Sam Pollard’s latest documentary is a dense look at Martin Luther King Jr. and the Hoover administration’s attempts to silence him.
(This review is part of our coverage of the 58th New York Film Festival.)
When you think of an FBI agent, what comes to mind? The G-men of our collective imagination tends to look like a handsome guy in a suit, a suave enforcer of law and order. You probably don’t think of a snoop, cramped into a tiny hotel room, trying to dig up dirt on one of the noblest figures in American history.
Sam Pollard’s ambitious and thoughtful documentary, MLK/FBI, is keenly aware of this perception as it explores the actual history of the bureau’s relationship with Martin Luther King Jr. Telling this story means untangling a web of recent history, from the shadow of the Cold War to the way the 35th and 36th presidents approached the Civil Rights movement to whatever was going on in J. Edgar Hoover’s head in a given moment.
Thankfully, Pollard and writers/editors Benjamin Hedin and Laura Tomaselli refuse to sensationalize this material. As docs go, this is about as far from Tiger King as you can get. Everything’s put in its proper context, from the FBI’s initial interest in King because of his close relationship with Stanley Levison—a progressive activist and communist—to a bureau memo labeling of King “the most dangerous Negro in the future of this nation” after the March on Washington. After all, Hoover and the FBI weren’t fringe figures: They represented a country that largely disapproved of King (a fact many are quick to forget).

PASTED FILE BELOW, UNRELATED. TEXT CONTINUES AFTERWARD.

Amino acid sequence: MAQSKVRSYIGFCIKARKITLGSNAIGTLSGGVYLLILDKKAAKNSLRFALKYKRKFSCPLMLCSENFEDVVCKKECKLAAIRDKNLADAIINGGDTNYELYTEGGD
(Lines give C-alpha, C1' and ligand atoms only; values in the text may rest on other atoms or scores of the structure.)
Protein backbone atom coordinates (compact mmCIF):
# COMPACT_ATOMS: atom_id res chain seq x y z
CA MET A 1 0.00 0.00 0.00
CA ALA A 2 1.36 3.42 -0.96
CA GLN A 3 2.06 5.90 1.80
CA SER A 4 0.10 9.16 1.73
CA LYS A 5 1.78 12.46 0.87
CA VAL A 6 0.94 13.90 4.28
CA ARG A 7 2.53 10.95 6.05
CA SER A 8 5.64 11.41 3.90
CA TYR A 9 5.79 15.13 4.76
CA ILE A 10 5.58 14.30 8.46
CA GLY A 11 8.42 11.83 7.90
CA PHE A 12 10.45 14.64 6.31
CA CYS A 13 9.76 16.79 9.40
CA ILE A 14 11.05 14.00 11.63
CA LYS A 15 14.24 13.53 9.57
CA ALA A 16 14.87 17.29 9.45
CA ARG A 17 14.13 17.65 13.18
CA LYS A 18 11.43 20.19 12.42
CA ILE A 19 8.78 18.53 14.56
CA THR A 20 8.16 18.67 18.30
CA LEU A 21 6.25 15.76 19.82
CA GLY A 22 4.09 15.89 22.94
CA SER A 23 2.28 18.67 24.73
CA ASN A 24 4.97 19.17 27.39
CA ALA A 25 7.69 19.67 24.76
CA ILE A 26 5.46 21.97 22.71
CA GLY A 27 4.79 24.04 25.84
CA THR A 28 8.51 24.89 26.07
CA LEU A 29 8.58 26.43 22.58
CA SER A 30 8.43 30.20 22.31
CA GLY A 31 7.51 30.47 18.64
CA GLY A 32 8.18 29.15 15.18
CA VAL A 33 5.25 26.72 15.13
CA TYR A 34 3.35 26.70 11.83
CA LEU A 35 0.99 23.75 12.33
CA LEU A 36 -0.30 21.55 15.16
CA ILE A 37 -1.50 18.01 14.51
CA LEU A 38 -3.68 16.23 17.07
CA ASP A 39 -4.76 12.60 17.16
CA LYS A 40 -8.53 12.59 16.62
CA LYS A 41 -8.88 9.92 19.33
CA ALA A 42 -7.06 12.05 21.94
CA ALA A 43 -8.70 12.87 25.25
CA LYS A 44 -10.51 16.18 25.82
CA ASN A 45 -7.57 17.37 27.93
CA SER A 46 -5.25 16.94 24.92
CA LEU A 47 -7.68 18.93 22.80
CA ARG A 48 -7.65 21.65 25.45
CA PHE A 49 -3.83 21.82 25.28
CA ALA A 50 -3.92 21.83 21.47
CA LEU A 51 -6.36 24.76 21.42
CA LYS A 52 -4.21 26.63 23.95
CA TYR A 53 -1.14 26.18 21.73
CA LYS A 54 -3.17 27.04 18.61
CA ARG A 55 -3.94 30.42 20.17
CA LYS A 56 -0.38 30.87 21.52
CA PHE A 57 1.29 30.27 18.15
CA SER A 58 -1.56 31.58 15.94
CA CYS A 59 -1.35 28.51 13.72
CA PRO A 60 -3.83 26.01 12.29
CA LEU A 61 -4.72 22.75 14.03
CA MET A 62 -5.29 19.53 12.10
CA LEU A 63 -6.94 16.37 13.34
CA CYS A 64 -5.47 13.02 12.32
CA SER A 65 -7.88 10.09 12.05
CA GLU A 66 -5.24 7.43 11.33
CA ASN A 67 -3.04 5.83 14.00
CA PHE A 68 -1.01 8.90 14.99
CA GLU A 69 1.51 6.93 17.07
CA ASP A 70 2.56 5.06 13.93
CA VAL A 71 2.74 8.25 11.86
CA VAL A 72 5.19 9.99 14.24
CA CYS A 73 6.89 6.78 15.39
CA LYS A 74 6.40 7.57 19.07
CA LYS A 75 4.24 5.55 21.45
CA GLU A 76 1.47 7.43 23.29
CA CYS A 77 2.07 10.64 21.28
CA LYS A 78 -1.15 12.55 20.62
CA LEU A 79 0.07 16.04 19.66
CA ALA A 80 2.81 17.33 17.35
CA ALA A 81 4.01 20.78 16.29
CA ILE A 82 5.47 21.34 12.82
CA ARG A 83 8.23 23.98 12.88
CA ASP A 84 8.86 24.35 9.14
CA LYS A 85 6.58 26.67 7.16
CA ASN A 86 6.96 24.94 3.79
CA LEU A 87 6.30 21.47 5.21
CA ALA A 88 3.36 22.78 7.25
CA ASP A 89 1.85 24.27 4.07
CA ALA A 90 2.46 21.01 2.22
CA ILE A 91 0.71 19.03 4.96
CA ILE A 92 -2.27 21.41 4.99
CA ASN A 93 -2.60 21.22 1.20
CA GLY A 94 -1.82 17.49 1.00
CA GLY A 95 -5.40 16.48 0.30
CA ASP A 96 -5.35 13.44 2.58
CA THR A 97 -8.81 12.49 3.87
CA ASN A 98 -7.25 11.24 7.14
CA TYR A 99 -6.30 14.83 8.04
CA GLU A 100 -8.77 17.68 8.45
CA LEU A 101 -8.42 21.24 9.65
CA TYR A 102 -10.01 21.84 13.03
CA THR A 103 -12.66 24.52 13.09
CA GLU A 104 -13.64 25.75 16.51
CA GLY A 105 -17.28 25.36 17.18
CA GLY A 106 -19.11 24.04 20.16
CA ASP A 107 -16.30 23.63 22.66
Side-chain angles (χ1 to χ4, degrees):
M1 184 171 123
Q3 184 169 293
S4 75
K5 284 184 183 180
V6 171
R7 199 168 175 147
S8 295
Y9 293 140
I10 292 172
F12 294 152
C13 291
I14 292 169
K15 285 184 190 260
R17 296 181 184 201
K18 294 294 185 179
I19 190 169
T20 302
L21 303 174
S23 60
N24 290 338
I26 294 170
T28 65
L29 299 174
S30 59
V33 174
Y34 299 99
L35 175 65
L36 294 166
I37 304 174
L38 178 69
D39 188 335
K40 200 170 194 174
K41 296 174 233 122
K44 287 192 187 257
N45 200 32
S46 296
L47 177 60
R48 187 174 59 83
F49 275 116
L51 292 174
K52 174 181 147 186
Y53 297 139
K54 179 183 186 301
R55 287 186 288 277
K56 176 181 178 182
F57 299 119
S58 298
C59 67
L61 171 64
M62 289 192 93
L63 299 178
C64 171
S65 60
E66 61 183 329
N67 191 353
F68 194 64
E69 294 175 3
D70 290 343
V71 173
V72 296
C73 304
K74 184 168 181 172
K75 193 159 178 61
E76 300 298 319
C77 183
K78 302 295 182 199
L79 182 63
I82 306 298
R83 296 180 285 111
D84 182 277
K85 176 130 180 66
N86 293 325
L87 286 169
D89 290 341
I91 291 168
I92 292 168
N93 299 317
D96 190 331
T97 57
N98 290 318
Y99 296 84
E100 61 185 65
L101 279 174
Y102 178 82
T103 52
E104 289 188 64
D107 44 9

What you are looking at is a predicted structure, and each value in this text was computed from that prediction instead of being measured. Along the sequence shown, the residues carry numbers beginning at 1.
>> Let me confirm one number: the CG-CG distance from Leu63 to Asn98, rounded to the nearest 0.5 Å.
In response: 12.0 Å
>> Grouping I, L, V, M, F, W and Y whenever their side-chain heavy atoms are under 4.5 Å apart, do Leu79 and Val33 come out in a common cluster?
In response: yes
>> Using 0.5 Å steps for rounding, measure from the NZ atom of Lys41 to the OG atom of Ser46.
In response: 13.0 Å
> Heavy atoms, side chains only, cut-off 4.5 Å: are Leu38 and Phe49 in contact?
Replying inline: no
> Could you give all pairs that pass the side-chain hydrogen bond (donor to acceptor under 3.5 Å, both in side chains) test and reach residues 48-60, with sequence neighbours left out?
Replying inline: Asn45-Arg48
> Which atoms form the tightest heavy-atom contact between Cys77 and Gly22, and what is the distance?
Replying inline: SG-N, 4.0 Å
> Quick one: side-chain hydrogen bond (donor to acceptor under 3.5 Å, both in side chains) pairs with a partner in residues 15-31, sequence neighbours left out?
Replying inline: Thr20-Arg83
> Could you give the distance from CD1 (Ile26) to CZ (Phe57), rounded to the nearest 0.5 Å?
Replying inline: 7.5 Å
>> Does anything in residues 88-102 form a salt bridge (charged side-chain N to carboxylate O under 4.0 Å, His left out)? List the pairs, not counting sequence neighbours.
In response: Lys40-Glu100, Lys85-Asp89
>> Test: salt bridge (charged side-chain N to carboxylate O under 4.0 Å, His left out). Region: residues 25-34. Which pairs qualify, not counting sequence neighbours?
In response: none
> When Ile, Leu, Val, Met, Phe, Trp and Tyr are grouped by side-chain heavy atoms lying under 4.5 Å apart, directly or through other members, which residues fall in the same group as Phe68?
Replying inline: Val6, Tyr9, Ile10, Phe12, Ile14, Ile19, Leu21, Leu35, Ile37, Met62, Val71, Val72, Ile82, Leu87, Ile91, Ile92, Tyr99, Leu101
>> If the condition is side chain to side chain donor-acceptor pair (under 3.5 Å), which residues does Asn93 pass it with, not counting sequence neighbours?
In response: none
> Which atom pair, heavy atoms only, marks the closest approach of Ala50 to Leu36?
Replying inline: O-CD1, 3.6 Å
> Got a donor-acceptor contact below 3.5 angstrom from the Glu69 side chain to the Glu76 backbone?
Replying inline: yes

Pollard and writers/editors Benjamin Hedin and Laura Tomaselli refuse to sensationalize this material.
And so the FBI began wiretapping King’s phones. And bugging his hotel rooms. All of these operations needed federal approval, with MLK/FBI gracefully tracing the ups and downs of King’s relationships with John F. Kennedy and Lyndon Johnson. While history books have done their best to water down King’s politics to make them appear less radical, the doc understands that King, and all civil rights activists, were actively fighting to reshape this racist country, putting these heroes directly at odds with the bureau’s mission to uphold the status quo. (Also, you don’t need to be a history buff to see that J. Edgar Hoover was a real bastard.)
But what’s even more impressive is how Pollard tells this story. We don’t see any talking heads until the last 10 minutes, and while we still hear most of the necessary exposition from professors and folks who were present, their voices are contrasted with a variety of B-roll. The movie shows us how popular culture of the time depicted FBI agents; FBI/MLK also gives us lots of King. We see him schmooze on a talk show and deliver a slew of exhilarating remarks. Despite the bureau’s best efforts, King really does remain an inspiration and an icon. The agents assigned to spy on MLK may have been observing him in a creepy, voyeuristic way, but we never really breach his privacy.
Of course, the FBI did eventually find evidence of King’s extramarital affairs: audio they then sent to Coretta Scott King with a note suggesting King take his own life. Your ‘60s tax dollars at work. In the coming decade, these recordings will be made public. MLK/FBI future-proofs itself by anticipating this declassification and acting as a framework to interpret these tapes when they’re released. As the doc concludes, perhaps neither King nor the FBI were shining, perfect paragons of righteousness. But only one fought tooth and nail to make this country a better place.
MLK/FBI is due for release from IFC Films on January 15, 2021.